Employers could face equal pay claims from staff even if they are employed on different terms and conditions, and at different establishments from male comparators, following a landmark ruling from the Supreme Court.
In the case of North and others v Dumfries and Galloway Council, the court ruled that the council discriminated against female employees by not awarding them the same bonuses offered to male colleagues.
This follows an appeal by trade union Unison after the Court of Session said the 251 classroom assistants, support for learning assistants and nursery nurses were unable to compare themselves with groundsmen, refuse collectors and leisure assistants who received bonuses but were based at depots, not at the womens’ schools.
The Supreme Court’s ruling overturns this decision, stating that equal pay law which allows a woman to compare herself with a man “in the same employment” does apply, even though the women worked at different ‘establishments’.
The decision also opens the way for thousands of workers in arms-length companies to compare pay rates between different employers if the council has the overriding ability to control how these subsidiaries operate.
The ruling also means that 2,000 female Unison members are expected to share in an estimated £12 million in payouts following the case.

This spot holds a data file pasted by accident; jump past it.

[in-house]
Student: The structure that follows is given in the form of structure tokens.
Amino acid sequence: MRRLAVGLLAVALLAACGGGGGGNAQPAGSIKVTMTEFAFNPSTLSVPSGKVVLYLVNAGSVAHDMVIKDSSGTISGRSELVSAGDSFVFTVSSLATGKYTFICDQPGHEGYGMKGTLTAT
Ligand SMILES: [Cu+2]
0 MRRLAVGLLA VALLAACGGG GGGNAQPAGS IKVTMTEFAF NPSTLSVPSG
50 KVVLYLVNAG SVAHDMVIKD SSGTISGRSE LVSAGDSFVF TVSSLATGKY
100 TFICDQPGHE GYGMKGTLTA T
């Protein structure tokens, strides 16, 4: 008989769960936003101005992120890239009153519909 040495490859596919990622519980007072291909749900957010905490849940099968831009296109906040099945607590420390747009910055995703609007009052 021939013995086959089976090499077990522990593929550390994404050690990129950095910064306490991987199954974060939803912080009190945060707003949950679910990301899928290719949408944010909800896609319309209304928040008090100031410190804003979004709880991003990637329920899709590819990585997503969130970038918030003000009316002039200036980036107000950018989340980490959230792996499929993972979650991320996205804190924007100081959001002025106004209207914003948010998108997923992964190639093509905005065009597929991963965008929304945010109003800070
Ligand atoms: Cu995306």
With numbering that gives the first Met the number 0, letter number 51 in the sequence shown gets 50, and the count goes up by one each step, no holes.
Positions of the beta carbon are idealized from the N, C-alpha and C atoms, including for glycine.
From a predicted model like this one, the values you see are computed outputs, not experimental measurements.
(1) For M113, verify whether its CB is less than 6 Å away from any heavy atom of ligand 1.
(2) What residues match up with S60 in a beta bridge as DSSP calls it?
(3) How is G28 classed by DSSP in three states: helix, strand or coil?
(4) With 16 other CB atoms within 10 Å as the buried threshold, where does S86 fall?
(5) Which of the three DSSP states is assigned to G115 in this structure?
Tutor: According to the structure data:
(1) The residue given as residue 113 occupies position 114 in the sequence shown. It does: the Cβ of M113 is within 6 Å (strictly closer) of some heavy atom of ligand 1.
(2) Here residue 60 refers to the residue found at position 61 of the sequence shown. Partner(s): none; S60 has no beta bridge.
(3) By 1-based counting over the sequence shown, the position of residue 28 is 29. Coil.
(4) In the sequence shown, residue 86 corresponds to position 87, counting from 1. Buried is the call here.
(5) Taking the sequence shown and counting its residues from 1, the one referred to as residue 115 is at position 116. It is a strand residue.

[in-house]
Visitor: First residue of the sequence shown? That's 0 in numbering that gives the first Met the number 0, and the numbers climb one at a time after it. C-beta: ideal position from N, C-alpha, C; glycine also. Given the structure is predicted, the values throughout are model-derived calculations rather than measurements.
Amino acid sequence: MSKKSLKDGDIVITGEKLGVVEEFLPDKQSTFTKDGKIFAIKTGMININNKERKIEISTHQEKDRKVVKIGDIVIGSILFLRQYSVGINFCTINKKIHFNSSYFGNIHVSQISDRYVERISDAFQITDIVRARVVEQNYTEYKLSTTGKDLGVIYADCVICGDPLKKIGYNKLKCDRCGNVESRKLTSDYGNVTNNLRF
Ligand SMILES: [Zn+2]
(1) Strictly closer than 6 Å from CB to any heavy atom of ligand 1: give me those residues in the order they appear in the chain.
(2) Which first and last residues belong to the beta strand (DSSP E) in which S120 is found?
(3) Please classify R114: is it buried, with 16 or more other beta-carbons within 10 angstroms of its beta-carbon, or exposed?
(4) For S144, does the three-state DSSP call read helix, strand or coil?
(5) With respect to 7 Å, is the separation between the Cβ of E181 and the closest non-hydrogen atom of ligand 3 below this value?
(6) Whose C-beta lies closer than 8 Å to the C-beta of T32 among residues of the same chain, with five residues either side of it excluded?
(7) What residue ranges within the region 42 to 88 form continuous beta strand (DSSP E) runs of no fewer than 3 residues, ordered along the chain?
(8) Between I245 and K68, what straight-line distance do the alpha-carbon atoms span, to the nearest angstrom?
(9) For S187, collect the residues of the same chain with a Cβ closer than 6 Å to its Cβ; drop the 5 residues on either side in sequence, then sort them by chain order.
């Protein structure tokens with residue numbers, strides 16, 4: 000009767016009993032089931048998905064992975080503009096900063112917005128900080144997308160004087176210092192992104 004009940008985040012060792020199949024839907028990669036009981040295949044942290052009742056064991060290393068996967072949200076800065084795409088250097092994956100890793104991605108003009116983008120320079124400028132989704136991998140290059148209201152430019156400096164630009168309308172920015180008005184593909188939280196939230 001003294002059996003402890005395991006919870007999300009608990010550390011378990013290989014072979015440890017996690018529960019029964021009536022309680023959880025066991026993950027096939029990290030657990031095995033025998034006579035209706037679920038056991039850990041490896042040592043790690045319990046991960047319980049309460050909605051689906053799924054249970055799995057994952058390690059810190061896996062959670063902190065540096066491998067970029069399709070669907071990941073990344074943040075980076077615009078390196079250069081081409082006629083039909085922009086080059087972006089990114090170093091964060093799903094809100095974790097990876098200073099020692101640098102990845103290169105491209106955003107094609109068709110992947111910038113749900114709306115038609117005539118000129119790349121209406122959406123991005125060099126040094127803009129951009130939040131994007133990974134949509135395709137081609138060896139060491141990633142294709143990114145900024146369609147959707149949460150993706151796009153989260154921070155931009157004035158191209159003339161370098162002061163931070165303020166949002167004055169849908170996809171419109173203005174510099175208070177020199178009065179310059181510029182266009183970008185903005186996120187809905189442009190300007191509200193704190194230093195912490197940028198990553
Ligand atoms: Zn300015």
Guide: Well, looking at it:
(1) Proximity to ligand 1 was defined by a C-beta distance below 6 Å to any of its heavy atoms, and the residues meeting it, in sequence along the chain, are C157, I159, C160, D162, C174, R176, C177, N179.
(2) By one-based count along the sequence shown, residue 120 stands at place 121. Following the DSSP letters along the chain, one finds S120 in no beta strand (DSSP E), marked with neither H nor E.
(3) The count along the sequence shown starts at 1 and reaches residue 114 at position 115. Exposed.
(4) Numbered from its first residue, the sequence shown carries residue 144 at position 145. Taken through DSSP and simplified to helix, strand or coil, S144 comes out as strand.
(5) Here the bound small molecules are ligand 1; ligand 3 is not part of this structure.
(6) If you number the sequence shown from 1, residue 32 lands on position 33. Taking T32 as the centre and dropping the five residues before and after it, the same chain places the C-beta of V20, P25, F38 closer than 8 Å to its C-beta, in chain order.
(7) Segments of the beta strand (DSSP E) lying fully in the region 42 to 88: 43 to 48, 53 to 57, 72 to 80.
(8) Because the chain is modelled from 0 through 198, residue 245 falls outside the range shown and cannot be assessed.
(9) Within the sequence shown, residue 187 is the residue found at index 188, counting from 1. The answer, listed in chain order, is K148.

Caroline Carter, head of law firm Ashurst’s employment, incentives and pensions team, explained that the court’s ruling is a significant decision, which will be met with concern from employers both in the public and private sectors.
She said: “Equal pay claims [in the public sector] have been rife and in the private sector equal pay claims are costly and sensitive to deal with.
“The ruling opens up the numbers of potential comparators an employee can point to when bringing an equal pay claim, which is likely to give rise to many new claims.
“Taken together with the Supreme Court’s landmark equal pay ruling last year (Birmingham City Council v Abdulla) deciding that out-of-time equal pay claims can proceed as breach of contract claims in the High Court, the potential for new claims on the basis of this ruling (even where they are out of time in the Employment Tribunal) is a real possibility.”
Dave Prentis, Unison general secretary, added: “Employers should be in no doubt that this union will continue to pursue cases until all women are treated equally.
“There are far too many who are still discriminated against and far too many employers which are using every single legal argument and loophole to dodge their obligations under equal pay law.”